How I survived a year of pumping breast milk for my baby – and how you can too

Posted in Breastfeeding.
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As new mothers welcome their tiny darlings into the world, they’re presented with a host of issues. From “How do I hold him the right way?” to “How can such a little thing make such a funky smell?”, women plunge into a role where problem-solving is paramount. Caring for a baby comes with an infinite number of challenges and, for some women, breastfeeding is one of the most resounding.

Despite my rigid determination and the support of lactation consultants, I never made any headway with breastfeeding my newborn. As a result, my milk supply continued to dwindle, along with my son’s ability to gain weight. When an allergy ruled out formula, I was left overwrought, with a hungry baby in my arms and very little to feed him.

I started expressing – stat.

So began my year (that felt like ten) of exclusive expressing, in which I was perpetually exhausted, crazily obsessed with millilitres, never without a hot water bottle for my ever-blocked ducts, and a fair bit whingier than usual.

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It’s draining, imposes rigid routines on one’s life and is something of a time suck, so how does a mum exclusively express without becoming overwhelmed? Here are some tips for how I was able to persevere for 12 months (despite a meltdown or three).

Routine! Routine! Routine!

You know those new mums for whom routine bears little thinking? The ones who are able to care for their newborns from morning until night (and through the night) without so much as looking a clock? Accept the fact that for you, it is different. Effective pumping and maintaining milk supply involves developing a solid routine and sticking to it. Cleaning your pumping equipment, preparing feeds and expressing milk all consume time, so organisation is key.

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Consider doubling up

I started out expressing by hand, and quickly realised there weren’t enough hours in the day to get the job done. While they can be expensive, consider a double breast pump a worthwhile investment (and your new best friend) for the course of your pumping.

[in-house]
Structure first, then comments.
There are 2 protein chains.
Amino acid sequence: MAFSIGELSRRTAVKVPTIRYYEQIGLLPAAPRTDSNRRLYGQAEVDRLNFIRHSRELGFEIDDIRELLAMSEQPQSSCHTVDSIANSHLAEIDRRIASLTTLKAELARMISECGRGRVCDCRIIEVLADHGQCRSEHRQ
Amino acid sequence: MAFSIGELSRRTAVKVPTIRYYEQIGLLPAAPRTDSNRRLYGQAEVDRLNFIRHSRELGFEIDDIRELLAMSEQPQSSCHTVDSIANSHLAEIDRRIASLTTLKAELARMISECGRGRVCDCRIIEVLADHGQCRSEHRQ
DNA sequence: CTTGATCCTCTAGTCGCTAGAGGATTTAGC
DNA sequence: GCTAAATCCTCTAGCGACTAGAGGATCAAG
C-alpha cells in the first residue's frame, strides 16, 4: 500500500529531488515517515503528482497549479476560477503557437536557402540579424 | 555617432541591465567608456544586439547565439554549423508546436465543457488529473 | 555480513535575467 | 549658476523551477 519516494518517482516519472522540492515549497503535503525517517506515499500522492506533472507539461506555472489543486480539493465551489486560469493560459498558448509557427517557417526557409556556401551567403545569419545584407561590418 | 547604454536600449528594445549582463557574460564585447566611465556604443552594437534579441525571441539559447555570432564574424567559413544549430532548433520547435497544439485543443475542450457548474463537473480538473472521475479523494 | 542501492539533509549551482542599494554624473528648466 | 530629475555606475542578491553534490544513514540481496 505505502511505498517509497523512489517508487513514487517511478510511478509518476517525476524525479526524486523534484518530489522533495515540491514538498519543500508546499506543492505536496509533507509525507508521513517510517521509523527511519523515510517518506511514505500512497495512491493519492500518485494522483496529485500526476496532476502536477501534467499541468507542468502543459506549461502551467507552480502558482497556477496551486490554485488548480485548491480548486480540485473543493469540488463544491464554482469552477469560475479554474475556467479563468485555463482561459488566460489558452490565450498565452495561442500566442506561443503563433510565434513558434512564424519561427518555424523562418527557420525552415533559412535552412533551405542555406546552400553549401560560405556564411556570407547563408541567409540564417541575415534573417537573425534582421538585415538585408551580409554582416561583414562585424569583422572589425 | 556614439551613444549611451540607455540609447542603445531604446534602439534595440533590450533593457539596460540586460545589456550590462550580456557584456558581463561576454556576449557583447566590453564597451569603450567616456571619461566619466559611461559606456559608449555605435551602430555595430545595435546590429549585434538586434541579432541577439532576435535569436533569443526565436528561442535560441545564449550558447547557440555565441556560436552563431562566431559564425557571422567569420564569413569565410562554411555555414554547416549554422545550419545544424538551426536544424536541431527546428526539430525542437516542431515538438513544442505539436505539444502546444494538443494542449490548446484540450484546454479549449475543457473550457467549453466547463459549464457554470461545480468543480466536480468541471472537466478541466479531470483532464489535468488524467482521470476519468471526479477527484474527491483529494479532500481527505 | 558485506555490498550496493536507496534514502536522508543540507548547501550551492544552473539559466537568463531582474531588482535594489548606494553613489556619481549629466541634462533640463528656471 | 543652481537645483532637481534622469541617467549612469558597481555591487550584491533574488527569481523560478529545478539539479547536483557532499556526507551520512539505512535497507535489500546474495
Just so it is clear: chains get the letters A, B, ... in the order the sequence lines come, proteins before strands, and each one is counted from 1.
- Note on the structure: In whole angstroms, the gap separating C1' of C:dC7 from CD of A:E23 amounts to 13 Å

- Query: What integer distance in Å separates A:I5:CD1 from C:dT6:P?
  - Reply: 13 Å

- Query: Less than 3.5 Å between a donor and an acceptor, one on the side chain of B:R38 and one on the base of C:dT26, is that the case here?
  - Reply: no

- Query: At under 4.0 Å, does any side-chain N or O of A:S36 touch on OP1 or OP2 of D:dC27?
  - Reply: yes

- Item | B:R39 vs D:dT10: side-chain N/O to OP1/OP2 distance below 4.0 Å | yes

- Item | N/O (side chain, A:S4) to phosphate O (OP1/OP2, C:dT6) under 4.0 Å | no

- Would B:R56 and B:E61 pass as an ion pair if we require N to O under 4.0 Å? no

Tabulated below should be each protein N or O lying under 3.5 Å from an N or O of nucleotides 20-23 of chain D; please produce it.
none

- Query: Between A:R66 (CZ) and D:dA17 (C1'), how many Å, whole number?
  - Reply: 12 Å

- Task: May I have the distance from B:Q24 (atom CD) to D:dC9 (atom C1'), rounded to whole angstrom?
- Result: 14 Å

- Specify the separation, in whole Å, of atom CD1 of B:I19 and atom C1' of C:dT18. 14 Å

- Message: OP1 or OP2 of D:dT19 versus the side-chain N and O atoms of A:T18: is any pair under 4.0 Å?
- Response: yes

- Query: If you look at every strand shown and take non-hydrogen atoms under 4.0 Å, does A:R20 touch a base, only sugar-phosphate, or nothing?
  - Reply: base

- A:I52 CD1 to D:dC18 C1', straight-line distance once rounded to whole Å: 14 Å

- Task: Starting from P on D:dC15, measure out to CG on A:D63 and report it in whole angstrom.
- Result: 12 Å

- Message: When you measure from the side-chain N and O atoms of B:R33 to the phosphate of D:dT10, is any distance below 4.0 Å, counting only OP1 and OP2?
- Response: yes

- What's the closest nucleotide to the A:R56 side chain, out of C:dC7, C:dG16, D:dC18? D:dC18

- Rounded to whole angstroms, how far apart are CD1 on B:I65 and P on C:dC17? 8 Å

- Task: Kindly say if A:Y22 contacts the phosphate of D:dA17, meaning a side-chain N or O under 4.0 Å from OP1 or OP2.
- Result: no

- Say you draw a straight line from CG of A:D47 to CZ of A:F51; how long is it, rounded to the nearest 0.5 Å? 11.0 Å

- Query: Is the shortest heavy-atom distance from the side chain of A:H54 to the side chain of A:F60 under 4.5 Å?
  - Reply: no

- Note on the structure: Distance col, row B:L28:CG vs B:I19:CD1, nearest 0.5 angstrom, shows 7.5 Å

Not only does simultaneous pumping speed things up, but according to this study, double pumping actually triggers a greater number of milk ejections and yields breast milk of a higher energy content than if pumping one breast at a time. The day I began double pumping was the day I began seeing long-term expressing as a hurdle I just might be able to jump.

Prepare feeds in advance

Trying to express while baby is howling with hunger is no mum’s idea of a good time, especially when it’s 2am and the floor tiles are giving you frostbite. Having feeds pre-prepared helps to eliminate the stress of pumping milk for immediate feeding. The Australian Breastfeeding Association advises that breast milk can be safely stored in the fridge for up to 72 hours, with this in mind, it certainly helps to be organised and keep a few feeds always at the ready.

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Look after you!

Pumping is tiring, and the production of milk uses a lot of energy. Not eating well and losing too much sleep – especially when expressing and feeding through the night – can wreak havoc on a woman’s milk supply. Make a point of eating proper meals (and no, the crusts of a child’s toastie is not a meal) and calling in help from family and friends when you simply must catch up on sleep. One of the pros of expressing is that other people can bottle-feed baby. Take full advantage of this reprieve to grapple some precious time out.

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Don’t look too far ahead

The very thought of expressing for an entire year or more can be overwhelming for most women. Setting realistic, short-term goals gives you something to strive towards, and achieving them might just give you the boost to carry on.

For most mums, exclusive pumping is a tedious occupation. But, remaining focussed and having access to good support will help you stick it out. From my experience I can say that one day, the knowledge that you did the best you could for your baby will likely far outweigh those memories of plugged ducts, interminable bottle washing, and the unforgettable sound of the breast pump.

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